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Daily Archives: August 28, 2012

Spicy Mussels with Cilantro, Fennel, Sun-dried Tomatoes and Chilis {Grain-free, Low-carb, Primal}

Healthy, low-carb and flavorful!

Spicy Mussels

Spicy Mussels in broth.

Some dishes are naturally grain-free and low-carb. Mussles is one of those, though in the old days, I would have sopped this up with crusty bread. For the most part, we aren’t big on eating breads anymore (even the grain-free ones) but if you are, by all means, enjoy it with this broth!!

This is one of those thrown-together recipes that just sort of happens and is dependent on what I have on hand. We had a bag of mussels to use, so I decided to saute some diced vegetables in coconut oil, add some chicken broth and chopped cilantro, and use the broth to steam mussels.

Again, not so much of a recipe as a list of ingredients that can change depending on what you like and what you have on hand. This had a nice spiciness to it without being too hot, and the ginger, garlic and cilantro add balance. The sun-dried tomatoes are slightly tangy and sweet, softened in the broth, and the fennel adds a slight hint of sweetness as well.

Spicy Mussels

  • coconut oil
  • a few cloves of garlic, diced
  • tablespoon or so of chopped fresh ginger
  • several sun-dried tomatoes, chopped
  • 1/2 onion, chopped
  • 1/4- 1/2C fennel, chopped
  • 1 hot salsa pepper, chopped

Saute all above ingredients together until they begin to soften.

Sauteing chopped vegetables to soften.

Sauteing chopped vegetables to soften.

  • 4C chicken broth
  • 1/2C fresh cilantro, chopped
  • salt, pepper and spices to taste

Add broth, cilantro and seasonings and bring to a boil.

With broth, cilantro ans spices added in, brought to a boil.

With broth, cilantro ans spices added in, brought to a boil.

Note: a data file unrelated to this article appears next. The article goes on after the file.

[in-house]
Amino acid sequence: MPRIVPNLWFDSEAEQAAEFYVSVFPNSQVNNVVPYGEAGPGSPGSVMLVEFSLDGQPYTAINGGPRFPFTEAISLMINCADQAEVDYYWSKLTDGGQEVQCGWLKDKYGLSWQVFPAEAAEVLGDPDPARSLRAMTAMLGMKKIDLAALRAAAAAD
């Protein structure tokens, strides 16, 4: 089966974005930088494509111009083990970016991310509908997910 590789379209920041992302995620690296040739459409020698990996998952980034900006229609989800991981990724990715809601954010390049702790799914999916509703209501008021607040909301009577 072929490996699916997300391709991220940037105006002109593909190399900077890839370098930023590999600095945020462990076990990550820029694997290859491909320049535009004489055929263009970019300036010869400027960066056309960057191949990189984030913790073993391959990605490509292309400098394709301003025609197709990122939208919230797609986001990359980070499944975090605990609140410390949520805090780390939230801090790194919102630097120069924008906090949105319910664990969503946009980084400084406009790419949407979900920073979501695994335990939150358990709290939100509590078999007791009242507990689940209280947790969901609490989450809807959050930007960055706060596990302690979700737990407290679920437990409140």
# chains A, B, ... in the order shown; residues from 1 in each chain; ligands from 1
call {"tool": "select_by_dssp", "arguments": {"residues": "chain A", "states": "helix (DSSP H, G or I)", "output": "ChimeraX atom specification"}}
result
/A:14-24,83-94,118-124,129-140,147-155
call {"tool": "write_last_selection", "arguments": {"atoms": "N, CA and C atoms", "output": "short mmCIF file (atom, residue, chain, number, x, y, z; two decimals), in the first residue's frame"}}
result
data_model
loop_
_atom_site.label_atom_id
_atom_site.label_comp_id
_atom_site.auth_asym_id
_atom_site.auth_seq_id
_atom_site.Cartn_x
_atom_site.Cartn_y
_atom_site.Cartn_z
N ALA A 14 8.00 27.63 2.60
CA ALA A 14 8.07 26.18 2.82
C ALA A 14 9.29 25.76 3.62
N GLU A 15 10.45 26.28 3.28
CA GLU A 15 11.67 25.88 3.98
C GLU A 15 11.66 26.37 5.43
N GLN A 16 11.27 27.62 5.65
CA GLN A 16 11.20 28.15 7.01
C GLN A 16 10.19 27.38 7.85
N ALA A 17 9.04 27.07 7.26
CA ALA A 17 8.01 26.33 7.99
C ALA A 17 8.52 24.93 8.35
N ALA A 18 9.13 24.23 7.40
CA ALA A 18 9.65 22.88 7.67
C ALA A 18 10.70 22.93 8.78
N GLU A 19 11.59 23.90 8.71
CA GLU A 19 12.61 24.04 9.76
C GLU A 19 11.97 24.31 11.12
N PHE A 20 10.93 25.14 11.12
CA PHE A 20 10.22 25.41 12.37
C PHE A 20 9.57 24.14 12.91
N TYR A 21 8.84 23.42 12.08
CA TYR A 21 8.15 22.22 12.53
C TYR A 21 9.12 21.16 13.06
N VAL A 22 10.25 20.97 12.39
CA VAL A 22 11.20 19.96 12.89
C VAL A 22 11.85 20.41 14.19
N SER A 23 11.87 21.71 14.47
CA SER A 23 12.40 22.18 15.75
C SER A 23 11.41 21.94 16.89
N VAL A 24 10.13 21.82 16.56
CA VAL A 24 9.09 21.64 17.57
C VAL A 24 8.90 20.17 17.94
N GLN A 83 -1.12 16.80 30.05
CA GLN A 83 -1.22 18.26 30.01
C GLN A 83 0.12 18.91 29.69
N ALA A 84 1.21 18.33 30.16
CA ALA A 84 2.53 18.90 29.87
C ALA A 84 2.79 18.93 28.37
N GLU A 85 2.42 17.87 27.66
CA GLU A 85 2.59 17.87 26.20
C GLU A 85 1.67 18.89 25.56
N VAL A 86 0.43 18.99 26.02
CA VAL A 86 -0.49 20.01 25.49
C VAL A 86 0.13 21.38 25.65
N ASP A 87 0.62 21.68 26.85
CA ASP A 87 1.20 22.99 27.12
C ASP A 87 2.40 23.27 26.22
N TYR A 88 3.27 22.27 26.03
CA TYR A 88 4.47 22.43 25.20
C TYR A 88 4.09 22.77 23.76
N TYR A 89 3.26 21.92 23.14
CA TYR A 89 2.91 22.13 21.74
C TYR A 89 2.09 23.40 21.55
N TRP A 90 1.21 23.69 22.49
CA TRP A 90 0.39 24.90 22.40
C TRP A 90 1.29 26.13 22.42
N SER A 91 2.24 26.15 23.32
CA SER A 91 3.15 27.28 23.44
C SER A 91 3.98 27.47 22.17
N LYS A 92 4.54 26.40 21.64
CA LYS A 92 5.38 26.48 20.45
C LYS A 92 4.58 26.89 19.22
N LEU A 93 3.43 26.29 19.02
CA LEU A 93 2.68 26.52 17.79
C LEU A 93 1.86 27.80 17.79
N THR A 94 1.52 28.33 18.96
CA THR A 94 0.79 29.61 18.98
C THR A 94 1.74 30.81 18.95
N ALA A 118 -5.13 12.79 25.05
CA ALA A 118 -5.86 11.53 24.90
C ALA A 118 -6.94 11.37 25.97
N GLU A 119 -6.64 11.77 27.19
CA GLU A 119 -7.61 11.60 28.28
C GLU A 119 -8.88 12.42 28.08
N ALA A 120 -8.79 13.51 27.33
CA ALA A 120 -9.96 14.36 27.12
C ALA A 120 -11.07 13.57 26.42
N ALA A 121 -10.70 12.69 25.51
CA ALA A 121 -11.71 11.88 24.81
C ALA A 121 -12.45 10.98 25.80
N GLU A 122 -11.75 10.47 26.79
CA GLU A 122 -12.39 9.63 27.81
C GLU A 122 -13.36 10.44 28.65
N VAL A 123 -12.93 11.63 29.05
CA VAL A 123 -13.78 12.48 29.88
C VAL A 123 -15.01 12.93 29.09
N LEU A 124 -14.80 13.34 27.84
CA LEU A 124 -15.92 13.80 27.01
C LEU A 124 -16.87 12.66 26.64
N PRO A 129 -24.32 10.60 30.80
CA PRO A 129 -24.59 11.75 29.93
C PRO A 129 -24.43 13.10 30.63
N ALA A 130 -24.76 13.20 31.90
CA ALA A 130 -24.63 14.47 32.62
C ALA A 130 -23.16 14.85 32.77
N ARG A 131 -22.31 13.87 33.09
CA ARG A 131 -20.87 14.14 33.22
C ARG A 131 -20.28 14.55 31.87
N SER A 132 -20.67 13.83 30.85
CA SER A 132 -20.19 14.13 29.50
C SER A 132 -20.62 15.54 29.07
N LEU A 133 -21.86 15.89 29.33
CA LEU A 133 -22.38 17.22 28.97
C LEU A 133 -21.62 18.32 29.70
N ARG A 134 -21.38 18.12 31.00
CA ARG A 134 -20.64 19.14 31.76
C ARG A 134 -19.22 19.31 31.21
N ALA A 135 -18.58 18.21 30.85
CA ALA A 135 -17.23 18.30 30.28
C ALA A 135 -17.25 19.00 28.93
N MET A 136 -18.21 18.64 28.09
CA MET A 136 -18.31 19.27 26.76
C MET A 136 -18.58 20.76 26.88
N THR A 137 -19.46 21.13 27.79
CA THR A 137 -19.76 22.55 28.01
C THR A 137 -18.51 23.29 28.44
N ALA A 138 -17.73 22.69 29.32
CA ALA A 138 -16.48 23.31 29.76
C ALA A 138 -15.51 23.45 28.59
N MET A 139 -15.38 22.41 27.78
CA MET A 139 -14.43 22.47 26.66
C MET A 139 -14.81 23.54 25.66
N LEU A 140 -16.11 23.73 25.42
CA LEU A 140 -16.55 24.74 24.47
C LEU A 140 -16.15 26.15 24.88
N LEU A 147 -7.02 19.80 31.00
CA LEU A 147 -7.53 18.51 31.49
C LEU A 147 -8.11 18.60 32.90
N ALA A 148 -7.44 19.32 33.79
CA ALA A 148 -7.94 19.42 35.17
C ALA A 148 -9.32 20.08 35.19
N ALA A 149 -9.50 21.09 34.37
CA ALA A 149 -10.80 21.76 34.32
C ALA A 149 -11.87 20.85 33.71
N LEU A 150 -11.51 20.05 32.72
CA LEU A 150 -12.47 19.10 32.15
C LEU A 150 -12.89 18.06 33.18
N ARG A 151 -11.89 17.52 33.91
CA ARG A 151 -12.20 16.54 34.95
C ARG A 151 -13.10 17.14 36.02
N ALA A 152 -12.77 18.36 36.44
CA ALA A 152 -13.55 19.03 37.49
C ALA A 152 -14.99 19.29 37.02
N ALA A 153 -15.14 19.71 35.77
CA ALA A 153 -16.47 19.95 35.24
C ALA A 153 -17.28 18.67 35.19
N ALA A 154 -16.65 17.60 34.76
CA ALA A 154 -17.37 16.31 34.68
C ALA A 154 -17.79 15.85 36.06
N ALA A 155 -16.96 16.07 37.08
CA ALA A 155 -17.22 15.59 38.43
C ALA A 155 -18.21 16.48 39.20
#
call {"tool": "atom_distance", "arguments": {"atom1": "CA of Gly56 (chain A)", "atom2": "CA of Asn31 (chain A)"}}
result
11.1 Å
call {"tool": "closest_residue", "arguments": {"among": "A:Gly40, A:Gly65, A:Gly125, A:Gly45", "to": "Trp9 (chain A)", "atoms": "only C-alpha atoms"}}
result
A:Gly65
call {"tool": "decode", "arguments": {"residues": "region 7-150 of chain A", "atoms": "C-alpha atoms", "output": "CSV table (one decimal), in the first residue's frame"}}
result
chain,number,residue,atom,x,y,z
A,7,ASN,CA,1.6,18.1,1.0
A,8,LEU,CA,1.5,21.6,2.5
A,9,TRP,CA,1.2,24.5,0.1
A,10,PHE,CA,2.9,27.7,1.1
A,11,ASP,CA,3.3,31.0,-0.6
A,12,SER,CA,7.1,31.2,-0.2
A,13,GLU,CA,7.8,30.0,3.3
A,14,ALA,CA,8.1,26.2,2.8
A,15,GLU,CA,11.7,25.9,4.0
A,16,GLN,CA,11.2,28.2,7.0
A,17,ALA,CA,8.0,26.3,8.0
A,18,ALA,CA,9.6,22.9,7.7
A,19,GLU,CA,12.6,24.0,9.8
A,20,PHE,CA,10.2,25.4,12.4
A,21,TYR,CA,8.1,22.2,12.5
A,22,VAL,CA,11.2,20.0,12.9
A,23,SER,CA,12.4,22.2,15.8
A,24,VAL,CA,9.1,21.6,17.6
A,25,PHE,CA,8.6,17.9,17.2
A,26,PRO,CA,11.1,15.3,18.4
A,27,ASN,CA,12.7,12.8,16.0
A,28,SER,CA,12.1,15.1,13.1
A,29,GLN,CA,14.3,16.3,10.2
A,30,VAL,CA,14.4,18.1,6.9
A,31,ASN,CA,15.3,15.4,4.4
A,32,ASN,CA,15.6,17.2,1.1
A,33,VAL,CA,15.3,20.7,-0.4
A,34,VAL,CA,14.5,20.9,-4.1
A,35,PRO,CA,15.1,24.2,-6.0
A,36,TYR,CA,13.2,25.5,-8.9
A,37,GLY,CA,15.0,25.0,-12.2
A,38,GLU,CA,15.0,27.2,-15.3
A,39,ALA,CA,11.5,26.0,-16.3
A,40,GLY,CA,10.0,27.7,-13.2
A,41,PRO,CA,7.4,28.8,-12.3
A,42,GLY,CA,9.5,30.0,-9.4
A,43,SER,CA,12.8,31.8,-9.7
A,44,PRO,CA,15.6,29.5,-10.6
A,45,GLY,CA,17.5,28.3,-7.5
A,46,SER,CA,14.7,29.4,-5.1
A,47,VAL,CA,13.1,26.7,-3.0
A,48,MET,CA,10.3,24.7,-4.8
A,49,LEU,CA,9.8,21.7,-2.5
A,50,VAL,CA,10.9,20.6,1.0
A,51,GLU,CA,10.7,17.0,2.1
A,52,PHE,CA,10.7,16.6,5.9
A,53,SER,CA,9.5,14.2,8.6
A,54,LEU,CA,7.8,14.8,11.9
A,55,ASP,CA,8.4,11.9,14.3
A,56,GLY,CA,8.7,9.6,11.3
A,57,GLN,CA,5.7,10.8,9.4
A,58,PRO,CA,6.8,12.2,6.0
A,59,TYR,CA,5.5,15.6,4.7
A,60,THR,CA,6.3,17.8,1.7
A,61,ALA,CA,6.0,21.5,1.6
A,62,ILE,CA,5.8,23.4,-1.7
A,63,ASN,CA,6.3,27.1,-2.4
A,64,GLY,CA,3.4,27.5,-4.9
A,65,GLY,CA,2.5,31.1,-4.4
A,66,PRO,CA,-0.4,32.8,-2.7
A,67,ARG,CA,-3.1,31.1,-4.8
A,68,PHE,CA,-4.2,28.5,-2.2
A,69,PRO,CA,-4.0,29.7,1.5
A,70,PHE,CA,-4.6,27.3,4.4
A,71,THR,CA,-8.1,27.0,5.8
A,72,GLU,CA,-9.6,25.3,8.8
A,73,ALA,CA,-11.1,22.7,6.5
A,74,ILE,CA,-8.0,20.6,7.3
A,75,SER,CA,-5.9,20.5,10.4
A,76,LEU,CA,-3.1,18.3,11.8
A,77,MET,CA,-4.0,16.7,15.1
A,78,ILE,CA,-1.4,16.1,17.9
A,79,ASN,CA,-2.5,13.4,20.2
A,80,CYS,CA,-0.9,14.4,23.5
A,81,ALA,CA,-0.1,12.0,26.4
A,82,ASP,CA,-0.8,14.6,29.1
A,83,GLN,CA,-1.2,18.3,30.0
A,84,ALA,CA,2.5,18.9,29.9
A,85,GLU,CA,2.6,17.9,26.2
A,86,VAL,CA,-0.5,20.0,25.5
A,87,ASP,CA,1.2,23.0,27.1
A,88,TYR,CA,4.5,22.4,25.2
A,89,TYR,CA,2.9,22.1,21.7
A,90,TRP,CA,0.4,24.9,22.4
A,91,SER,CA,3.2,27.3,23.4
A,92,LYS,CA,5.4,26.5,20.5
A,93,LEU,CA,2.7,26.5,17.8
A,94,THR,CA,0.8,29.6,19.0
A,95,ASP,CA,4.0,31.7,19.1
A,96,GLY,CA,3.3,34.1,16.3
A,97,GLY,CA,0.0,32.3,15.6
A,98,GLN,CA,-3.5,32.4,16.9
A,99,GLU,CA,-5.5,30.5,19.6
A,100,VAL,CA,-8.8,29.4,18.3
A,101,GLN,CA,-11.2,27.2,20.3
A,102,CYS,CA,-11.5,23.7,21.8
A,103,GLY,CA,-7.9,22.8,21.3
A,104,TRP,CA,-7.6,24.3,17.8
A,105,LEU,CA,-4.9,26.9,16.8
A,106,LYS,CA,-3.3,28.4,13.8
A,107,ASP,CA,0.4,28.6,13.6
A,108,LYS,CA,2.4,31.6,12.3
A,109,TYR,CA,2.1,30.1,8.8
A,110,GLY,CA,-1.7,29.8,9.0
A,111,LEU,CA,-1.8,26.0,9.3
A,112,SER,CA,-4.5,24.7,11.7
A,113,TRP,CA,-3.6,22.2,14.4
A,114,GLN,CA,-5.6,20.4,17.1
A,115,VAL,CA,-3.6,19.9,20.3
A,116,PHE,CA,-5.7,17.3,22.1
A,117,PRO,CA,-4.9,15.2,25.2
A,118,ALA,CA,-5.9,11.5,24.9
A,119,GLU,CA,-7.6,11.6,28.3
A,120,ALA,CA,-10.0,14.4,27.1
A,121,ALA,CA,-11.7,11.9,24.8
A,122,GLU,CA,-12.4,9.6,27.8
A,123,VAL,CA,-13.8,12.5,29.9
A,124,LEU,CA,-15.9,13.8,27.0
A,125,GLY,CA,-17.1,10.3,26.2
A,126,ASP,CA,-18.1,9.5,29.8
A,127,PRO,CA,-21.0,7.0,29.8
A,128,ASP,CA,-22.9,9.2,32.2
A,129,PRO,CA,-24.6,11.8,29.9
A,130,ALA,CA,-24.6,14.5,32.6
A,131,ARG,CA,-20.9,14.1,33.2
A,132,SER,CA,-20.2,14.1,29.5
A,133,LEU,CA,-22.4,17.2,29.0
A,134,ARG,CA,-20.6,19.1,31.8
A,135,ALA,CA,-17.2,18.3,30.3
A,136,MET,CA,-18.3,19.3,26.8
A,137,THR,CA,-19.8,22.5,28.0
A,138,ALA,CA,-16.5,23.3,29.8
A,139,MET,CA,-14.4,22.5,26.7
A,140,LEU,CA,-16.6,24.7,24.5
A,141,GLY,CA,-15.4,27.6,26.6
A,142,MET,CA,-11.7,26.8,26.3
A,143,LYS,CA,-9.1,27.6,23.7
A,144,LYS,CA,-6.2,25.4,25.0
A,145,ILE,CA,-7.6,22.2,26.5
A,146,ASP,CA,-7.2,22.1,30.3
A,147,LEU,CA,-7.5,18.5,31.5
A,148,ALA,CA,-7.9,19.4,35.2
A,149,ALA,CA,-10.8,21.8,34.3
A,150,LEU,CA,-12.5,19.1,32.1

Add mussels, toss, and steam, covered for several minutes or until mussels open. (Discard any mussels that do not open.)

Mussels steaming in broth.

Mussels steaming in broth.

 

Delicious bowl of mussels in spicy broth!

Delicious bowl of mussels in spicy broth!

 

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Cauliflower “Rice” Sushi {Low Carb, Primal, Grain-free, Gluten-free}

Cauliflower Sushi rolls with seared yellowfin, avocado, cucumber, cream cheese and sriracha

Cauliflower “Rice” Sushi rolls with seared yellowfin, avocado, cucumber, green onion, cream cheese and sriracha. Served with sriracha mayo, tamari and wasabi. This is our first attempt using cauliflower rice, and it was rather unplanned, the colors aren’t as vibrant as I usually prefer (so I added some black sesame to jazz it up), but the taste was wonderful!

Have I mentioned lately that I love seafood? Like almost ALL of it? I enjoy most fish and shellfish, and have consumed it grilled, sauteed, baked, broiled, steamed, poached, raw… you get the idea. In fact, one of my biggest culinary revelations was when my husband and I first tried sushi about 10 years ago in Ann Arbor. It was a sushi restaurant, but what we ordered turned out to be a LARGE sashimi platter just loaded with every type of raw sea delicacy I could imagine, and some I hadn’t!

Traditional sushi that we made at home using rice and a large variety of ingredients.

Traditional style homemade sushi that we created using rice and a large variety of ingredients.